Baby, It's Cold Outside: Coat Donations Down 35 Percent This Year

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Raulo Jeffers (right), 55, at the annual coat drive at the New York City Rescue Mission in Chinatown on Christmas Day 2013.

Dozens of people lined up on a cold Christmas morning outside the New York City Rescue Mission in Chinatown hoping to find a donated coat that might fit and protect against the winter weather. 

It was part of the annual New York Cares coat drive: Tables of colorful parkas, down and top coats spilled over the tables as volunteers helped the homeless and needy find their size.

David Brown, 56, wearing a puffy down coat was looking for a top coat. He's been homeless for a couple of years and said when he stays at the Bowery Mission, his coat gets washed.  Otherwise, he said, it's hard to maintain a coat while living on the streets.

"It don't last too long, because see you get dirty, its gets worn and then you get messed up if you don't have somebody to wash it," he said. "If you're not constantly taking care of it, it don't last long."

New York Cares, known for its posters of a huddled and shivering Statue of Liberty has been organizing coat drives for 25 years. The organization received about 123,000 coats last year.  This year, however, it only has 80,000 coats to provide, according to the group's executive director Gary Bagley.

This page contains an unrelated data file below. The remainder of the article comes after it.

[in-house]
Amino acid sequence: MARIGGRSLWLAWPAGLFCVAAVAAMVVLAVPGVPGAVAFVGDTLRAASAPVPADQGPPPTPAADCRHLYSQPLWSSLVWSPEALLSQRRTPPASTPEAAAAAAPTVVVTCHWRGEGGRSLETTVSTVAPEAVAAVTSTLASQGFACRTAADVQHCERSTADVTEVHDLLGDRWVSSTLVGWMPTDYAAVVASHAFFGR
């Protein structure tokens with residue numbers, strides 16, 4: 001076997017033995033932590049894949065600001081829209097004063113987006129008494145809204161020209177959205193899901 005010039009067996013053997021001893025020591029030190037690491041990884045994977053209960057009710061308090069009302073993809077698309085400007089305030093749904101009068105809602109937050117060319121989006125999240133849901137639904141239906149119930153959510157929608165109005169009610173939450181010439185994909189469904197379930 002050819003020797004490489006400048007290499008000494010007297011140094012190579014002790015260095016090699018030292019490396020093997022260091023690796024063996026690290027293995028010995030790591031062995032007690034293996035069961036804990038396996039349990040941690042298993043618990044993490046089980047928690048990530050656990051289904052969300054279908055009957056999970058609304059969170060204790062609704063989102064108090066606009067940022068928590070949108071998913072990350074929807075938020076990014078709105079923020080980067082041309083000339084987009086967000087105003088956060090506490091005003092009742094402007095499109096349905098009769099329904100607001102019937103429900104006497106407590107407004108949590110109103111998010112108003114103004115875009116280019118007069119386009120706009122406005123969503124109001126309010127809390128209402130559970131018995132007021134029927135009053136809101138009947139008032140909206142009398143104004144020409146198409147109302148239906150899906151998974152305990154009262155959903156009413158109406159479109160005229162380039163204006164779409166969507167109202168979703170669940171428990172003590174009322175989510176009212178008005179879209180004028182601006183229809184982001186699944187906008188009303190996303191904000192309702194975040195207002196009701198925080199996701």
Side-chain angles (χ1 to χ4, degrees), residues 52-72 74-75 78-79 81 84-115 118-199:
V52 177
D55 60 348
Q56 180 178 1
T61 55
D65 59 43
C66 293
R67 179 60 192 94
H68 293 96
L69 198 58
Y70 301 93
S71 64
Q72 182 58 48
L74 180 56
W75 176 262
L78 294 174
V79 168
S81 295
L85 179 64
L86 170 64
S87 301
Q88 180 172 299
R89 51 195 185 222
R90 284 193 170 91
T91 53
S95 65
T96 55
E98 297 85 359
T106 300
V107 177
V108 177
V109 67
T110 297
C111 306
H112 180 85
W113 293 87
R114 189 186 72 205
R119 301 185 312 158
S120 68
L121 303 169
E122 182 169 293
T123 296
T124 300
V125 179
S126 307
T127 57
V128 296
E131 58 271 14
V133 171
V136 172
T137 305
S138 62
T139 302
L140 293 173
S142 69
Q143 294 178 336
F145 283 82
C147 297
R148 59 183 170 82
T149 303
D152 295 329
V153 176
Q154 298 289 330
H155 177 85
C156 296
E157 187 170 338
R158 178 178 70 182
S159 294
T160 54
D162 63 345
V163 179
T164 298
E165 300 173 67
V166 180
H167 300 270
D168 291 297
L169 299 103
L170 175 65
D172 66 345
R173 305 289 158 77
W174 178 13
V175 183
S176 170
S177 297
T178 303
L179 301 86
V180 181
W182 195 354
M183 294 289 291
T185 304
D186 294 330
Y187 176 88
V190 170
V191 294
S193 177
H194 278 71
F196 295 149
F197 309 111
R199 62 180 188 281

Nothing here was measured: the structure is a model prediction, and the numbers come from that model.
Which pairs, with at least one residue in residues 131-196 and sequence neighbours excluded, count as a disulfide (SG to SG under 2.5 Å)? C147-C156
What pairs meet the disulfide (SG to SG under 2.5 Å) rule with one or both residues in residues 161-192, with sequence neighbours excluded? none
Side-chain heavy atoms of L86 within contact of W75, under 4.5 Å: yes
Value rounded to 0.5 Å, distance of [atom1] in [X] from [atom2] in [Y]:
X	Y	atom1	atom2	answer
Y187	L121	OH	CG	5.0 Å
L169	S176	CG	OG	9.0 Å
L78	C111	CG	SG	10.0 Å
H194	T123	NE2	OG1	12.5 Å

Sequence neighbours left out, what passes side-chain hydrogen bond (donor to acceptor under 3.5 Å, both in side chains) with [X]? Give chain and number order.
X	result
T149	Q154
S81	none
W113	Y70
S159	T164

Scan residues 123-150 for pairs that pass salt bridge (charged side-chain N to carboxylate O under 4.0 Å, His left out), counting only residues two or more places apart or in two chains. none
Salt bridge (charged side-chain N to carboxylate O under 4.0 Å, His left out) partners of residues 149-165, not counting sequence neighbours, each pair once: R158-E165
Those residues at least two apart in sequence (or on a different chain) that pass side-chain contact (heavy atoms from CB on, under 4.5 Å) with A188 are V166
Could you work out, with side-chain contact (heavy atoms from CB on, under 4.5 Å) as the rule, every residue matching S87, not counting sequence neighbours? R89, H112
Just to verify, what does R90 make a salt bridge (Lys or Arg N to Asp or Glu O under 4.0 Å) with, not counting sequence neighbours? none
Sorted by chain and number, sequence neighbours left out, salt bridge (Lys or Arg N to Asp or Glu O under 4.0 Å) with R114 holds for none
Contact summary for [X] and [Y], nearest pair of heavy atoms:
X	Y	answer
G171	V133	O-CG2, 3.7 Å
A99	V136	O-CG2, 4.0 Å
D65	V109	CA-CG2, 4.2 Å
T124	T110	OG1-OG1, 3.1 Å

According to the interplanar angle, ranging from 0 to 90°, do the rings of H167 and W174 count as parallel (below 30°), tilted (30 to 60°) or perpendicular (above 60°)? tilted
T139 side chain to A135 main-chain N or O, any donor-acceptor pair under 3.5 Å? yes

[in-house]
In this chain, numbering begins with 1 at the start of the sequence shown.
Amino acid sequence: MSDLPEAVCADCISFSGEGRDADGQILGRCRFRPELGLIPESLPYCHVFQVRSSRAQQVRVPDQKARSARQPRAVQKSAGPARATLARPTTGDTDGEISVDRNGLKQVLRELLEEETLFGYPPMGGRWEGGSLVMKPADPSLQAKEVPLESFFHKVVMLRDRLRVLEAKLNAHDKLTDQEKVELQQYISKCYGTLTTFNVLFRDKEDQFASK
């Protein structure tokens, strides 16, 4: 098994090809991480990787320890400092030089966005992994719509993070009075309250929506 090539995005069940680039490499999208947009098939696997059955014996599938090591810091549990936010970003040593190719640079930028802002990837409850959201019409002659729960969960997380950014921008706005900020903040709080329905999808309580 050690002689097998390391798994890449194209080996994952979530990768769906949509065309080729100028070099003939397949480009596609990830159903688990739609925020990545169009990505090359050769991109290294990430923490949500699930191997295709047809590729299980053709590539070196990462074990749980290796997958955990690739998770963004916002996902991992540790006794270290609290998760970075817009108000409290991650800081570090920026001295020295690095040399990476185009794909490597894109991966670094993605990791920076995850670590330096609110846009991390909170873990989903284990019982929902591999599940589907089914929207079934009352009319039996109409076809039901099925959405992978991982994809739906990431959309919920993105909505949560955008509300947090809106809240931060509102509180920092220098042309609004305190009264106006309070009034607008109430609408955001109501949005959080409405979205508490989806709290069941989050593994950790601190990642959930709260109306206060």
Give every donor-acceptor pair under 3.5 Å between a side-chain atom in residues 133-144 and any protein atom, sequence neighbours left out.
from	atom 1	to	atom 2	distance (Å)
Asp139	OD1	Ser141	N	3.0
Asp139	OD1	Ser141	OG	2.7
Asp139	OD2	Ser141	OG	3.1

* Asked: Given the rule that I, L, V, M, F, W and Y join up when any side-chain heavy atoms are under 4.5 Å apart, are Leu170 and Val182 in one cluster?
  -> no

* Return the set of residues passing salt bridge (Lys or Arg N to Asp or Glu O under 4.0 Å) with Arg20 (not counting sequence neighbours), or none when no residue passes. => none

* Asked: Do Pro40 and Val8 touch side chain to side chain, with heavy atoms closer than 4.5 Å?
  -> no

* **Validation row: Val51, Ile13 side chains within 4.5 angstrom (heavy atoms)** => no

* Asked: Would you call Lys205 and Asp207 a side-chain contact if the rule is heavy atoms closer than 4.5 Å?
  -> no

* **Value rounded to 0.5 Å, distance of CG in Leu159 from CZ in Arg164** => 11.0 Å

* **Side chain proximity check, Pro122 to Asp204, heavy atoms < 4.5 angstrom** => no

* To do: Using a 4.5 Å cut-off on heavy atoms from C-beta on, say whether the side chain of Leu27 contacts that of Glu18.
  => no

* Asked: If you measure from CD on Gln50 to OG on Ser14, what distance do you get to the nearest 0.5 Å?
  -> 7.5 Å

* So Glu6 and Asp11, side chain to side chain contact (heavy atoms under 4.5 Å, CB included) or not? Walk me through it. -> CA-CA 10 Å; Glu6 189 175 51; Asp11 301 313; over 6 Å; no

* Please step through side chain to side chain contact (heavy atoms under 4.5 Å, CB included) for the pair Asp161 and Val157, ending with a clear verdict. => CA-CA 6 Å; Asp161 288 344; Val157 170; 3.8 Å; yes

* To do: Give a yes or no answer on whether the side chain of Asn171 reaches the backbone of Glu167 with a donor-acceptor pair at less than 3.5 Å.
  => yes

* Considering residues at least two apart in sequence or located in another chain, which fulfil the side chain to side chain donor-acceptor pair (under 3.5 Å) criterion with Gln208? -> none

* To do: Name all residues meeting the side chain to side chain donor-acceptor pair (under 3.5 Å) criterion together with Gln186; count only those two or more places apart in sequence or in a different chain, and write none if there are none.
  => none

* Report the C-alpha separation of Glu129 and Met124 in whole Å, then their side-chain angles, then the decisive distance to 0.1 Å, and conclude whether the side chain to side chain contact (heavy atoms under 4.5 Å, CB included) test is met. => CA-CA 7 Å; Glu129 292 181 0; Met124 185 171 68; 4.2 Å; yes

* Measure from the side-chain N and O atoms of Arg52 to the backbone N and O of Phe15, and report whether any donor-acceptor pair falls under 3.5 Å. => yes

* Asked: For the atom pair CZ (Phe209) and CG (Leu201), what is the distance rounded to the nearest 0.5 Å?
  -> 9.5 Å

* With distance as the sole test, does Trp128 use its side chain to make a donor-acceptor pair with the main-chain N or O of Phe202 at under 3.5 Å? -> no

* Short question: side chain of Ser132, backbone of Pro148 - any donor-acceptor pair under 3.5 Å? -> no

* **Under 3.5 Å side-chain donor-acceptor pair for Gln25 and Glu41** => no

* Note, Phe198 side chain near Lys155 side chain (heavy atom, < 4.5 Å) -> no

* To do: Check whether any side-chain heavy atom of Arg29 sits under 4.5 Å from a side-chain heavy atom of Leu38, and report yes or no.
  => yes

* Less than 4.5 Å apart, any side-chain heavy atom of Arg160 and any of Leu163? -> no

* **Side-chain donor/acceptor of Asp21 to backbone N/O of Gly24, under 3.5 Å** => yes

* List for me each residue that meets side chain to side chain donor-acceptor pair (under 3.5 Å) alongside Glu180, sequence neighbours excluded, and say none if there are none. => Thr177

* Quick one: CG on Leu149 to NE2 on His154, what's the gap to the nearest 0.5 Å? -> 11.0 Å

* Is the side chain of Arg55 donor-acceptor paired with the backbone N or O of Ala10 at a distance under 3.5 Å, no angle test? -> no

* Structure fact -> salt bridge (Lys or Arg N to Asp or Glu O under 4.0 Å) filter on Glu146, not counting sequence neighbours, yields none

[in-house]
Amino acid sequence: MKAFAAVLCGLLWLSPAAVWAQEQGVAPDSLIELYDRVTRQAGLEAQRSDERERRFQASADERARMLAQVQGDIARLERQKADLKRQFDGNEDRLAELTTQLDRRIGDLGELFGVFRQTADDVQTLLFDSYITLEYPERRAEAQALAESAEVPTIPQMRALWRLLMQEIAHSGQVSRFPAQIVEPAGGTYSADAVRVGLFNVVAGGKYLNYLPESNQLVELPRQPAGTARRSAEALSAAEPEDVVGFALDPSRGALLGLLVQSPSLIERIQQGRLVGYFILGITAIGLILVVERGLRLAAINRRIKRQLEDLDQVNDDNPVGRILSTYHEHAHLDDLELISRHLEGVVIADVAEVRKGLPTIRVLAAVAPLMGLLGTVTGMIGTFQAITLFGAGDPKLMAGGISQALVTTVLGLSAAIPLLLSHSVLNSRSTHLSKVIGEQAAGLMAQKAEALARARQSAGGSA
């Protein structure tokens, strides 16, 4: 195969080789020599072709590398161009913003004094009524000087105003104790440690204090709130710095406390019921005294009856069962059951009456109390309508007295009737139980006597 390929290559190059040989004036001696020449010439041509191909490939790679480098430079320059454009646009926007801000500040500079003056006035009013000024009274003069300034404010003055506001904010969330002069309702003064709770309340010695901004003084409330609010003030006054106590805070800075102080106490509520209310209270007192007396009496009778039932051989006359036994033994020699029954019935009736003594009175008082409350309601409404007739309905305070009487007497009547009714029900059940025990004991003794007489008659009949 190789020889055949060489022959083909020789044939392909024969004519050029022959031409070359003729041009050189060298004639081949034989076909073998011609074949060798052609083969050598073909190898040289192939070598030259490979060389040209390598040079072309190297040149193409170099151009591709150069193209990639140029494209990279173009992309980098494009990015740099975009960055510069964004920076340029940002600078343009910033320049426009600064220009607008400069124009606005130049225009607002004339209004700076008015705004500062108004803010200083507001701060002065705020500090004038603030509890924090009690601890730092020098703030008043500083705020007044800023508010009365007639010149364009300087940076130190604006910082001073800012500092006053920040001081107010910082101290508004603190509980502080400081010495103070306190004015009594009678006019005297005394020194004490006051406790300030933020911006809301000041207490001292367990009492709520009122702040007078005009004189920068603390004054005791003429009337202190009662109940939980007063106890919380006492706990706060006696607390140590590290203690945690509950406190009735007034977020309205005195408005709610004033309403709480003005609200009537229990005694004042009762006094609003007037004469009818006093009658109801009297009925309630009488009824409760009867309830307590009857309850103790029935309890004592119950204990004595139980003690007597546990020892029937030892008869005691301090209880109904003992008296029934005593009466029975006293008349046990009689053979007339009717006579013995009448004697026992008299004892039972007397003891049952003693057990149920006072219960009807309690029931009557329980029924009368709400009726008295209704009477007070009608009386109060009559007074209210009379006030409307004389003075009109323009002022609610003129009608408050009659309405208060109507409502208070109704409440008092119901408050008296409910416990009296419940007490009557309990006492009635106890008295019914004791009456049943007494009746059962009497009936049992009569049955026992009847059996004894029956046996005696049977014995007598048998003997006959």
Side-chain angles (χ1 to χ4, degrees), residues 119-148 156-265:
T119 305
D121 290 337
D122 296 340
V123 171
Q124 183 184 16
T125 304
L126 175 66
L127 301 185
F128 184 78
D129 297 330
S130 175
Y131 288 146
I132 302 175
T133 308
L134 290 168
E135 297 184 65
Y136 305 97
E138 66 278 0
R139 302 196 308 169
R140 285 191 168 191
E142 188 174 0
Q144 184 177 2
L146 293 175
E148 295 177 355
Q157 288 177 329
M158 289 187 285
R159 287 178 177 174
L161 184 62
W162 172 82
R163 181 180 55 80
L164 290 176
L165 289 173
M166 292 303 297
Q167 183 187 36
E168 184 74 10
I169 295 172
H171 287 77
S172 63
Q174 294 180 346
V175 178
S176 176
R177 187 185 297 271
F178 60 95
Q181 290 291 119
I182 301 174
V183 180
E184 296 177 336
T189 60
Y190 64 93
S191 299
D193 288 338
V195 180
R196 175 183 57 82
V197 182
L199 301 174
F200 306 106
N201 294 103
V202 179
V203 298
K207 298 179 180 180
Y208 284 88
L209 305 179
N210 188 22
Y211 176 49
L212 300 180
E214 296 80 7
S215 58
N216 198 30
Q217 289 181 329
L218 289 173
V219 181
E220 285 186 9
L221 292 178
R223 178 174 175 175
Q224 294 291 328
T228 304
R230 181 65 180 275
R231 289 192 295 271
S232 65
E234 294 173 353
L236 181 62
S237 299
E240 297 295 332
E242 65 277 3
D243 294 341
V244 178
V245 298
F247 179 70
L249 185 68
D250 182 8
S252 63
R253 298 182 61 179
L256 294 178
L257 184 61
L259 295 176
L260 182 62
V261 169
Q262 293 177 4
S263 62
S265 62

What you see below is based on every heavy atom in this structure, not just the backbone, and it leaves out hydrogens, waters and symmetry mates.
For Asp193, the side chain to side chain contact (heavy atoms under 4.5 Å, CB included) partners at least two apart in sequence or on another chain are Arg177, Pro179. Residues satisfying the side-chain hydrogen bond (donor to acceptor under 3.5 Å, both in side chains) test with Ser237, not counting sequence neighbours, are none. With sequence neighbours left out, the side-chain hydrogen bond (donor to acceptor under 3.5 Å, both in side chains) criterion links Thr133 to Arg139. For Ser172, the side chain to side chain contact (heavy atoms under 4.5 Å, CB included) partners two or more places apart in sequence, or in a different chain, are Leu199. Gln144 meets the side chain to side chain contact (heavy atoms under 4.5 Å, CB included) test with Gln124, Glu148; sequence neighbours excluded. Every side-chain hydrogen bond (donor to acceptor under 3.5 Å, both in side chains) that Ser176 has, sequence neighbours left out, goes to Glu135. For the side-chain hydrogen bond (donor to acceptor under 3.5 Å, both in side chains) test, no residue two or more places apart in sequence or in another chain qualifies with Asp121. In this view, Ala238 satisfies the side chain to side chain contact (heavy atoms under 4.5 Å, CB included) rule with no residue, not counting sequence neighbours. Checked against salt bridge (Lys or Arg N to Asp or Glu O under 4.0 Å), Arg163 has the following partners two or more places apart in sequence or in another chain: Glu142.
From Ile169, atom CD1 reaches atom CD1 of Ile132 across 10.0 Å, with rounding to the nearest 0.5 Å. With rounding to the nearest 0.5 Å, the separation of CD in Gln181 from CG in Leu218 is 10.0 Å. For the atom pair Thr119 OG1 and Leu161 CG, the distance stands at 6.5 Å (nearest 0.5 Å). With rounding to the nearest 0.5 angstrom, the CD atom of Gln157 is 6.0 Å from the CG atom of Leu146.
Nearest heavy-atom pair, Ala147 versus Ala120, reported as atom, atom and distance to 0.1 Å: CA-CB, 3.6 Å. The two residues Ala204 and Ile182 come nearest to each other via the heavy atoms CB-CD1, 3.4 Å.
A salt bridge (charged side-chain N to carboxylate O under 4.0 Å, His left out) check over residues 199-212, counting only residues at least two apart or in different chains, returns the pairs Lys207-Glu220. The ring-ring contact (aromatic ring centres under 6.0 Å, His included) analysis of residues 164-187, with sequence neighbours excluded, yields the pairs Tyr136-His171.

He thinks the surge in donations after Hurricane Sandy last year combined with recent warm weather may account for the 35-percent decline in donations this year.

"It's hard for us, on a warm day, to realize what it might be like to live on the streets when its 19 degrees out or 12 degrees," Bagley said. "By the time people realize how cold it is out, people already need the coats."

His group will be accepting new and gently used coats from now until February. Bagley said large men's and children's coats are always in high demand.

The New York City Rescue Mission expects to give out coats to 150 people this Christmas.